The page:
Human Rights Office

Human Rights Office
Human Rights Office

LeFrense v. IBM Canada Ltd. 2015 NS HRC 1720 (CanLII)


In 2000, Mr. LeFrense began working for IBM as an IT maintenance specialist or a Systems Services Representative (SSR). As part of his work, Mr. LeFrense worked on rotation as part of team of other SSR’s. Mr. LeFrense was required to work some overtime, an on-call weekend every eight weeks and an on-call night every two weeks. In 2004, Mr. LeFrense was diagnosed with sleep apnea. He sought accommodation from IBM ( in relation to overtime and night shifts) and when they indicated they could not accommodate him he went on disability. While on disability IBM paid for his benefits. In 2005, IBM offered Mr. LeFrense a return to work on regular hours together with two Saturdays per month, and some overtime as required to finish his work. Mr. LeFrense rejected this accommodation and countered with a different offer – one Saturday per month and no night driving. IBM did not agree to this accommodation stating that it would negatively impact other members of the SSR team and place an undue hardship on the organization. At this point in time IBM began to look for other jobs within IBM to accommodate Mr. LeFrense. In 2006, IBM offered Mr. LeFrense a job as a parts specialist. In this position the accommodations sought by Mr. LeFrense would be met. Mr. LeFrense accepted the position, despite the roles reduced pay. In this case Mr. LeFrense alleges that IBM discriminated against him by failing to accommodate his disability by not adapting his work schedule so that he could stay employed as an SSR. Mr. LeFrense’s claim was dismissed.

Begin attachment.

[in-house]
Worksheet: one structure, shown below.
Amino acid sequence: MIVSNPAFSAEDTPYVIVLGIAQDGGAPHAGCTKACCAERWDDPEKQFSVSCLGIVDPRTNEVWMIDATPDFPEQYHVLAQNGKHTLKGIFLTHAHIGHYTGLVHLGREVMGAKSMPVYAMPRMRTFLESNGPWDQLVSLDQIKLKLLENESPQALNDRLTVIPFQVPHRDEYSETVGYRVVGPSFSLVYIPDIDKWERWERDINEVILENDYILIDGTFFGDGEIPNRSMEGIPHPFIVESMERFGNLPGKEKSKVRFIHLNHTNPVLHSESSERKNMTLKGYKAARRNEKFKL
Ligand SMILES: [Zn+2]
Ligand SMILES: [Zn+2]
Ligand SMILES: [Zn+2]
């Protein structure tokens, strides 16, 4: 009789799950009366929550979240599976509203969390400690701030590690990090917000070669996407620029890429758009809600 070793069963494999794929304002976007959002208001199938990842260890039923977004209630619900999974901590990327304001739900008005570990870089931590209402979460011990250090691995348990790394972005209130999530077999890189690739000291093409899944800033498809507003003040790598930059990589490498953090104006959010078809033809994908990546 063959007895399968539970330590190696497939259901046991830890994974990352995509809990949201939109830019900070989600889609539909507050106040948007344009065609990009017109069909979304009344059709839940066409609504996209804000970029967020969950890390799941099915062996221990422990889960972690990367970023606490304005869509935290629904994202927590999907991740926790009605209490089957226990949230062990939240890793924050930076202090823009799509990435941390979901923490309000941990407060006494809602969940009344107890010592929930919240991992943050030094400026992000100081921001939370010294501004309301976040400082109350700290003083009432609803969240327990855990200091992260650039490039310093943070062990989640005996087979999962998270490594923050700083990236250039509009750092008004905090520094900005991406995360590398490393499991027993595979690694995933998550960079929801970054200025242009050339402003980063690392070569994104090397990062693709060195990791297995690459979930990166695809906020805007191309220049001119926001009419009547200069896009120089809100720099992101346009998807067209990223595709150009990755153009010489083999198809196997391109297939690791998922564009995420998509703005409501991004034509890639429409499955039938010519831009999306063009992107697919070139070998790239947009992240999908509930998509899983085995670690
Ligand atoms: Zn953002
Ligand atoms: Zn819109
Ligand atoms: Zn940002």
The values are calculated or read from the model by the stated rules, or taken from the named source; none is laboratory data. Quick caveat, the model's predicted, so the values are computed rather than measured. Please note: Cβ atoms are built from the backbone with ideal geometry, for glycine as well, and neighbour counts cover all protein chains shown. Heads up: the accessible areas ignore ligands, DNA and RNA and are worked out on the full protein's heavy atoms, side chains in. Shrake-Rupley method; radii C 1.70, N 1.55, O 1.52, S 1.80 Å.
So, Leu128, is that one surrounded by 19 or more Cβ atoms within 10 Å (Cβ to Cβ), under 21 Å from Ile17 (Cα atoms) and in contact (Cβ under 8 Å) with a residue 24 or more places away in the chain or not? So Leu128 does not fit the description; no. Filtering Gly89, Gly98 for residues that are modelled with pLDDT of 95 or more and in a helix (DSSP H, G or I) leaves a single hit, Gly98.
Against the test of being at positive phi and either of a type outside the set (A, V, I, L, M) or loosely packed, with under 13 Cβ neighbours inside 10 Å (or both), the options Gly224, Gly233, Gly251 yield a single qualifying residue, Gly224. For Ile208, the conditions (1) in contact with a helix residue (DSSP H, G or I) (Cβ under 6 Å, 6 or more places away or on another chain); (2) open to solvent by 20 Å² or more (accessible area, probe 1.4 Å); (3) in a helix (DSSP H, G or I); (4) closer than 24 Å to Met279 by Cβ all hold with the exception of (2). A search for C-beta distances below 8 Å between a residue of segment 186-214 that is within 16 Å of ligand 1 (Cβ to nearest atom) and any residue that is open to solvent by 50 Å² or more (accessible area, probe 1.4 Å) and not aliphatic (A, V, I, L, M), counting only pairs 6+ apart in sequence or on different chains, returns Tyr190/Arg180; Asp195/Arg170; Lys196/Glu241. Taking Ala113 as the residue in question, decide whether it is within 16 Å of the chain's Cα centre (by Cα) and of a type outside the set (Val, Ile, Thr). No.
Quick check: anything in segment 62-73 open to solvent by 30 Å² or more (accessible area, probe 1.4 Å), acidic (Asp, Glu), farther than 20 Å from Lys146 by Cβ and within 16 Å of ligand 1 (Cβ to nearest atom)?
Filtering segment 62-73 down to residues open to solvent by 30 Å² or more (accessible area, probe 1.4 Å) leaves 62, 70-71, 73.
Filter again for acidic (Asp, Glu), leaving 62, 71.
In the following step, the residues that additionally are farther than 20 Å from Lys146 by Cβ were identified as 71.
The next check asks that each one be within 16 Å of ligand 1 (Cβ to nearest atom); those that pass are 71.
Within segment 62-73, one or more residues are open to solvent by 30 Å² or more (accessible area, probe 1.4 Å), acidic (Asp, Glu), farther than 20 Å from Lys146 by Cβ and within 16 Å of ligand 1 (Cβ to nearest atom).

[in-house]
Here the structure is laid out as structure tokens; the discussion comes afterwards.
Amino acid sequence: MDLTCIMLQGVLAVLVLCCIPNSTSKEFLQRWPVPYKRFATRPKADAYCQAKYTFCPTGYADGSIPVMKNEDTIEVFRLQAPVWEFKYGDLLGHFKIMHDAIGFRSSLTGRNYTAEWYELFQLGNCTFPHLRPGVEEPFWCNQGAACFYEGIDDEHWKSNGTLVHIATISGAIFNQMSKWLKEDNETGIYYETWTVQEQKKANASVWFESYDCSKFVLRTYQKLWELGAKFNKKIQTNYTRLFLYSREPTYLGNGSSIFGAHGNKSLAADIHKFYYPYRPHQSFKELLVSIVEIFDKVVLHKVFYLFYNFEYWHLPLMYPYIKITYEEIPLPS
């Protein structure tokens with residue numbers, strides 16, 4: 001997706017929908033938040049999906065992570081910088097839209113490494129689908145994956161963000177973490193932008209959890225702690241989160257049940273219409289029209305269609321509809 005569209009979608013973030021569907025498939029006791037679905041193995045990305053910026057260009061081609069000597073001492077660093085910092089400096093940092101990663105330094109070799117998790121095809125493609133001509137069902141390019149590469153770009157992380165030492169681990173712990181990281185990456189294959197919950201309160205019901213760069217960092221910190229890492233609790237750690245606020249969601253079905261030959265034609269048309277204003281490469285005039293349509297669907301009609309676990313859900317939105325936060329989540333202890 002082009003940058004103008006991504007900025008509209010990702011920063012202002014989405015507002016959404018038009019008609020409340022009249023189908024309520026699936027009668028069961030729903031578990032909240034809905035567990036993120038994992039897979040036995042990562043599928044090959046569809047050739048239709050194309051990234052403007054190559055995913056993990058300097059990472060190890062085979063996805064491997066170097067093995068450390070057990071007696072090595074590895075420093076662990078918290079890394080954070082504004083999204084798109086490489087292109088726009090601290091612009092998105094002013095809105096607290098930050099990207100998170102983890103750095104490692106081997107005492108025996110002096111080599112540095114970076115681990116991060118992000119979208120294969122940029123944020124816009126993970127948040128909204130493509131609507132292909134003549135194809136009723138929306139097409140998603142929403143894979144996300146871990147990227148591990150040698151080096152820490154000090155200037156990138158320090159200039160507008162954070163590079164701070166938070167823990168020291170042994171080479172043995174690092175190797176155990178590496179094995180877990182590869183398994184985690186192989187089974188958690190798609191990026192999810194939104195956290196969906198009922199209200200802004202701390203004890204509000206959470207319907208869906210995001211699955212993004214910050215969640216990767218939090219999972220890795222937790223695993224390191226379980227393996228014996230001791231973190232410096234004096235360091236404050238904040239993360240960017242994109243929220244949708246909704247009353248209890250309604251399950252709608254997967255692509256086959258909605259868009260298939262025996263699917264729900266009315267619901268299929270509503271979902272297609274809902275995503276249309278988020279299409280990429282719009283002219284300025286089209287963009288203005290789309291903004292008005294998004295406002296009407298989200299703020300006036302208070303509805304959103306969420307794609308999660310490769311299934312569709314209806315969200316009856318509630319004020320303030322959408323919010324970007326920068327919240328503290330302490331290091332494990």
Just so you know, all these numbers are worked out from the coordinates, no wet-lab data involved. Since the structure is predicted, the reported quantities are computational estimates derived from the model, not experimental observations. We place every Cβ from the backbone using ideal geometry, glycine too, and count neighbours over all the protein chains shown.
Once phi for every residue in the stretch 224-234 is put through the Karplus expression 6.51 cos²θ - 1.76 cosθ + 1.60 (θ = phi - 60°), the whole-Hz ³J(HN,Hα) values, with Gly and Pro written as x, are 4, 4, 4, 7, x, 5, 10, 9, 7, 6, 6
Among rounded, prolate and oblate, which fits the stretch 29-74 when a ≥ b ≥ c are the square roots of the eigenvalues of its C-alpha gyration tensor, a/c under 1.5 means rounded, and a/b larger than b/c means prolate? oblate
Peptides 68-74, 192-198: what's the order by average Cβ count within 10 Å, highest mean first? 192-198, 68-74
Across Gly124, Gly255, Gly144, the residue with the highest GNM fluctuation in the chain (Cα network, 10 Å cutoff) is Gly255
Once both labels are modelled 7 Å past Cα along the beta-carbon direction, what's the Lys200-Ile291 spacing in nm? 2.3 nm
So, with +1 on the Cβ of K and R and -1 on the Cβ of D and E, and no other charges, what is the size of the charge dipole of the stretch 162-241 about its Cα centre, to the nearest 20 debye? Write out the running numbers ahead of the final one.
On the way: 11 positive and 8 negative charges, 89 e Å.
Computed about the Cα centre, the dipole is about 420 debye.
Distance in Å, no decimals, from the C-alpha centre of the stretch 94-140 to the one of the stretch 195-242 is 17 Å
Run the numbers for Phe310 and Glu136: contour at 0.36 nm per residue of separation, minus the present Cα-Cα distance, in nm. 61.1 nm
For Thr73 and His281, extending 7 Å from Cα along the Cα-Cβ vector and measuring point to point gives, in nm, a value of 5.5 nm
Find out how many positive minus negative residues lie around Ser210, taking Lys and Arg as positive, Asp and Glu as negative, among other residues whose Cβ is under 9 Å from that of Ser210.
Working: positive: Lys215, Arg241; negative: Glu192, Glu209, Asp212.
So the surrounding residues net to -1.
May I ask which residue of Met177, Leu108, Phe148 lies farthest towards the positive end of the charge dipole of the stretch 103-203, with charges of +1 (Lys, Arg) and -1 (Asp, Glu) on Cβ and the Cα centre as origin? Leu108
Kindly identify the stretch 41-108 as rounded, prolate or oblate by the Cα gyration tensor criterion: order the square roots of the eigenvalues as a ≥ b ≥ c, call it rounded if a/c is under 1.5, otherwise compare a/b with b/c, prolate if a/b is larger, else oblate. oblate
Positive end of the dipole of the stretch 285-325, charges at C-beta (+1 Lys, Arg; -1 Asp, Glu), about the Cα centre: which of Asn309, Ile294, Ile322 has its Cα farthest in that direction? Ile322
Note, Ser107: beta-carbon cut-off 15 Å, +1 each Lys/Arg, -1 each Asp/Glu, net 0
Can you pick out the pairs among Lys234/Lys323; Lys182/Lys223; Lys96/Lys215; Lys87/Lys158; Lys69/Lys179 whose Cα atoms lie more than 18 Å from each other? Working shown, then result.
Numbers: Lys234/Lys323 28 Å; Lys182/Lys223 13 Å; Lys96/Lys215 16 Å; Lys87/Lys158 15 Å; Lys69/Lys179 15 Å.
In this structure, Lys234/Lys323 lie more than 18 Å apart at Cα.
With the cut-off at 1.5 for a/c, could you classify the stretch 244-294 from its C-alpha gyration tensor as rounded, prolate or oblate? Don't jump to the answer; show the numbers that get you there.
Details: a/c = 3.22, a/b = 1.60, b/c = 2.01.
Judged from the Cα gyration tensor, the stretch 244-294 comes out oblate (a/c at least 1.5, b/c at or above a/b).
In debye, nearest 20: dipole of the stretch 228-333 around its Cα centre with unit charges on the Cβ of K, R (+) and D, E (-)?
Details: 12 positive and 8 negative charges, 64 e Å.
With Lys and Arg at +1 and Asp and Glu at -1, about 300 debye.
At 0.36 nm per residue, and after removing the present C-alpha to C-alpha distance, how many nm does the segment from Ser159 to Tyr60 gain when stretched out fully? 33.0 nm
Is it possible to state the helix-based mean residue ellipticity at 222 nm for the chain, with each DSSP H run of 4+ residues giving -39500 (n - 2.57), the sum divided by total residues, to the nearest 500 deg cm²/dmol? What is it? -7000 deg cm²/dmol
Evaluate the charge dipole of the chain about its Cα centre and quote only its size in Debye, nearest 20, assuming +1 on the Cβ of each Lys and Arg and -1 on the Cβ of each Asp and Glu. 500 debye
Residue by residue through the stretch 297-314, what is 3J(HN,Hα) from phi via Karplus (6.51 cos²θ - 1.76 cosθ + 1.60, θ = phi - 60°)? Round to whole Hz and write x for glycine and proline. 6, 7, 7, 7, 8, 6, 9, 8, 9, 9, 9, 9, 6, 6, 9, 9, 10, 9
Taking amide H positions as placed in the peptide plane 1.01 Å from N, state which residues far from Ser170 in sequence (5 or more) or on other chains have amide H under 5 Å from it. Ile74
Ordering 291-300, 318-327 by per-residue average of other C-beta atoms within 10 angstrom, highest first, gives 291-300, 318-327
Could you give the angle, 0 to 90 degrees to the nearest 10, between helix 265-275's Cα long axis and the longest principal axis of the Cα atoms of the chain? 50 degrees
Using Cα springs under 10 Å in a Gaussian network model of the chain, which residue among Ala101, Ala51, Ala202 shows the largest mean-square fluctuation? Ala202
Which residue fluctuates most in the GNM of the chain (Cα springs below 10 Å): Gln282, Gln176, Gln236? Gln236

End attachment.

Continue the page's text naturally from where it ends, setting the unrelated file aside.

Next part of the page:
Question(s) to be Determined:

  1. In this case did IBM’s actions against Mr. LeFrense, constitute discrimination under Sections 5(1)(d)(o) of the Nova Scotia Human Rights Act?


  1. In this case did IBM’s actions against Mr. LeFrense, constitute discrimination under Sections 5(1)(d)(o) of the Nova Scotia Human Rights Act?



  1. In this case it was decided that IBM had accommodated Mr. LeFrense and his disability, related to sleep apnea, to the point of undue hardship and therefore had not discriminated against Mr. LeFrense. It was stated:

“I am satisfied that IBM accommodated Mr. LeFrense by paying him disability for over two years, by actively and seriously considering his condition and how it might be accommodated within the requirements of the SSR position and then when this proved unmanageable without undue hardship to Mr. LeFrense’s colleagues and to IBM itself, IBM found him another position that did accommodate the effects of his condition as they had been repeatedly stated by his own physician” (p. 17).

In this case the adjudicator provided detailed information relating to the duty to accommodate and accommodation to the point of undue hardship. The adjudicator stated:

“The purpose of the duty to accommodate is not to completely alter the essence of the contract of employment, that is, the employee’s duty to preform work in exchange for remuneration….The employer does not have a duty to change working conditions in a fundamental way, but does have a duty, if it can do so without undue hardship, to arrange the employee’s workplace or duties to enable the employee to do his or her work.” (para 15-16).

“Because of the individual nature of the duty to accommodate and the variety of circumstances that may arise, rigid rules must be avoided. If a business can, without undue hardship, offer the employee a variable work schedule or lighten his or her duties– or even authorize staff transfers– to ensure that the employee can do his or her work, they must do so to accommodate the employee.” (para 17).


This case was dismissed and therefore no remedies were awarded.